You may have heard the news out of last week's Strata: the next version of Hadoop is going to be bigger and badder than ever. But hidden within the hype about size and speed is a new feature that could radically shift the way Hadoop is used.
I hit the talk given by Hortonworks' co-founder and Apache Hadoop VP Arun Murthy at the conference and heard all of the flashy stuff: 6,000-node support, high-availability HDFS (Hadoop Distributed File System), a next-generation form of MapReduce that will enable the support of non-MapReduce applications, and the separation of block and namespace management of HDFS that will enable significant scaling of data.
[ Discover what's new in business applications with InfoWorld's Technology: Applications newsletter. | Keep up with the latest approaches to managing information overload and staying compliant in InfoWorld's interactive . ]
All important stuff, but at the mention of support for apps other than MapReduce jobs, my attention was immediately grabbed. The capability to plug in MapReduce jobs is, of course, the whole reason for the MapReduce framework within Hadoop. But the new YARN framework, which according to the Hadoop wiki "will split up the two major functionalities of the JobTracker, resource management and job scheduling/monitoring, into separate daemons. The idea is to have a global RM (ResourceManager) and per-application AM (ApplicationMaster)."
If I understood Murthy's description of YARN during his Strata talk, the architecture would allow each application that needs to connect to MapReduce to have its own AM, which would enable greater flexibility on the types of applications with which MapReduce would be able to work.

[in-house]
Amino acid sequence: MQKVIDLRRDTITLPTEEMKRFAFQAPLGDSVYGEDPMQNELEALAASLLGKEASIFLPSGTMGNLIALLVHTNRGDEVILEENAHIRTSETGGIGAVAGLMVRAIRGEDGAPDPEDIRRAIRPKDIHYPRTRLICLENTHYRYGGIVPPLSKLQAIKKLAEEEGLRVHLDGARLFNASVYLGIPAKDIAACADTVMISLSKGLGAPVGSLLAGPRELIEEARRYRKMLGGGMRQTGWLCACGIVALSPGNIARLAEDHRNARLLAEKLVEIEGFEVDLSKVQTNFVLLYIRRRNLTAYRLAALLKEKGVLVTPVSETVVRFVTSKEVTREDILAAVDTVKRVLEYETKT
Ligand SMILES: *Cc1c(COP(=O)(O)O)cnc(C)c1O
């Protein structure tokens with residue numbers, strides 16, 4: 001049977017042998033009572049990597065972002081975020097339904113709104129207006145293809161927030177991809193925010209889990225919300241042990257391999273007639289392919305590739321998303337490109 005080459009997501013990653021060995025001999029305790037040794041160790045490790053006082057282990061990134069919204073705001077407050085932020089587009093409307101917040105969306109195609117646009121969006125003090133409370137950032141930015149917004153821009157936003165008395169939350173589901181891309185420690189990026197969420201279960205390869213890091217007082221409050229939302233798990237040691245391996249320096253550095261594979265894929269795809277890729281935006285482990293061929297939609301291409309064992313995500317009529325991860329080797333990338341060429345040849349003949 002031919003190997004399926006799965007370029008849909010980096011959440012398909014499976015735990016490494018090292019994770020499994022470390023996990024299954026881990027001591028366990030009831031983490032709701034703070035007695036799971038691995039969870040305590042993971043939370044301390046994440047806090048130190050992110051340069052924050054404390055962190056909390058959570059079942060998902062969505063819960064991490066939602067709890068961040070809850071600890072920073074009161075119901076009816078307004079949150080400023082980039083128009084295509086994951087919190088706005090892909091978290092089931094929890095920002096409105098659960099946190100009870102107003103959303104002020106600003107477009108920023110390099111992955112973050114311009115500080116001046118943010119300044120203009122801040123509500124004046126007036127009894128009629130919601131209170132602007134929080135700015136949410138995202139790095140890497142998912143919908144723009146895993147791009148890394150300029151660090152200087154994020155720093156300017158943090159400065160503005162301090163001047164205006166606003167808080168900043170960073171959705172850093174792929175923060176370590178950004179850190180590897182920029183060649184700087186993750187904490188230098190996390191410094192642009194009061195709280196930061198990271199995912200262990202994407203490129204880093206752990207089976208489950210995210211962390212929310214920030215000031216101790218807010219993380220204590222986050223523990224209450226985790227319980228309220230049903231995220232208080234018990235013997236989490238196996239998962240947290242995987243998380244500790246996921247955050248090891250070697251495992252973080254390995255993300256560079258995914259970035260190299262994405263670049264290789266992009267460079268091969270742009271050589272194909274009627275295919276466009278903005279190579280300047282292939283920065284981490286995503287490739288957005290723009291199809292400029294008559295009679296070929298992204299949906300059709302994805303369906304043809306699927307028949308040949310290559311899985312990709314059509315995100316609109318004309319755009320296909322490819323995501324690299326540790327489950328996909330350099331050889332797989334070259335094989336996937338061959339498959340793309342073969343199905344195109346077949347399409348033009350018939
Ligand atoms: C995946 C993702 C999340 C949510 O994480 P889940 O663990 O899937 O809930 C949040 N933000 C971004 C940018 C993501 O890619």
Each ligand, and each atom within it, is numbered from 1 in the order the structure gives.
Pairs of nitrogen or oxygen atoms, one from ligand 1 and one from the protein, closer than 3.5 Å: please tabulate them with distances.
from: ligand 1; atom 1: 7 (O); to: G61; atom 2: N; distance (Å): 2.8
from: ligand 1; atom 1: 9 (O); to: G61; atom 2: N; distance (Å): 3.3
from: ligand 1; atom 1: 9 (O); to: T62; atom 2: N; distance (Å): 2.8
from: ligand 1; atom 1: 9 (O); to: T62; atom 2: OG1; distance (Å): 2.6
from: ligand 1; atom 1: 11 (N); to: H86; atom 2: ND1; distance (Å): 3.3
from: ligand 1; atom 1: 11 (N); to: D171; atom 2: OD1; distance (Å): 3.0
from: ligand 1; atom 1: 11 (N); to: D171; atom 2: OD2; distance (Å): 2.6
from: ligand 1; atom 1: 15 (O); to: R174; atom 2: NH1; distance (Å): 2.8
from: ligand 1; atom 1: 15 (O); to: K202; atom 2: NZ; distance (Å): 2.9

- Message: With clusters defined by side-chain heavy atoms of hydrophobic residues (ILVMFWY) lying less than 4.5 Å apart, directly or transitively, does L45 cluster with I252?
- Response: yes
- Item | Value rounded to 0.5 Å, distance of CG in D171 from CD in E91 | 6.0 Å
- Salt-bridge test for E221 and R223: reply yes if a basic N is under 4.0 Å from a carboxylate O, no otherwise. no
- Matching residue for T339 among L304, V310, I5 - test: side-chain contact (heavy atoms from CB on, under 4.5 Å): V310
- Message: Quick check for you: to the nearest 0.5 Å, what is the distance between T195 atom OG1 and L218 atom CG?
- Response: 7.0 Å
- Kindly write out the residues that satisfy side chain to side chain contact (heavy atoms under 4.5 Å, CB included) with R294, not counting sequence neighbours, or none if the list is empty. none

Now, I'm no Super-Genius like Wile E. Coyote, but it occurs to me that if you have an application framework that developers could point to in oder to Get Stuff Done, then that seems suspiciously like a platform.
An observation I ran past Murthy when I bumped into him in the lobby at Strata. Given that Hadoop's MapReduce framework was about to become quite a bit more robust, isn't this just a set up for taking Hadoop on the path to becoming an operating system?
Murthy was receptive to the question -- in that he didn't call me a blithering idiot for suggesting it -- but he didn't think that's where Hadoop necessarily has to go, at least in the short term. If the application framework is robust enough, there will be plenty of platform in Hadoop for developers to code their applications. It doesn't have to necessarily supplant the underlying operating system.
Instead, Hadoop would act as a layer between the apps and the operating system, just like browsers sit on top of the operating system and serve as a platform for Web applications.
When seen in this light, suddenly Hadoop expands quite a bit more from a storage system and specialized MapReduce job machine to a system on which big data apps can be directly run -- no matter what operating system is running Hadoop.
Now the implications of what Hadoop is becoming should be very clear: such an expanded infrastructure has a huge potential for building data-driven enterprise and SaaS applications -- which, pretty much is all of them.
Is it any wonder that so many companies are trying to jump on the big data bandwagon and Hadoop specifically?
And Murthy wasn't entirely dismissive of the idea of Hadoop as a full-fledged OS. It would be a long way off, but some day Hadoop's application framework and filesystem could indeed expanded to talk to bare metal and peripherals, effectively becoming a completely data-oriented operating system.
Something to wonder about.
This story, "Next Hadoop confirms data as a platform" was originally published by ITworld .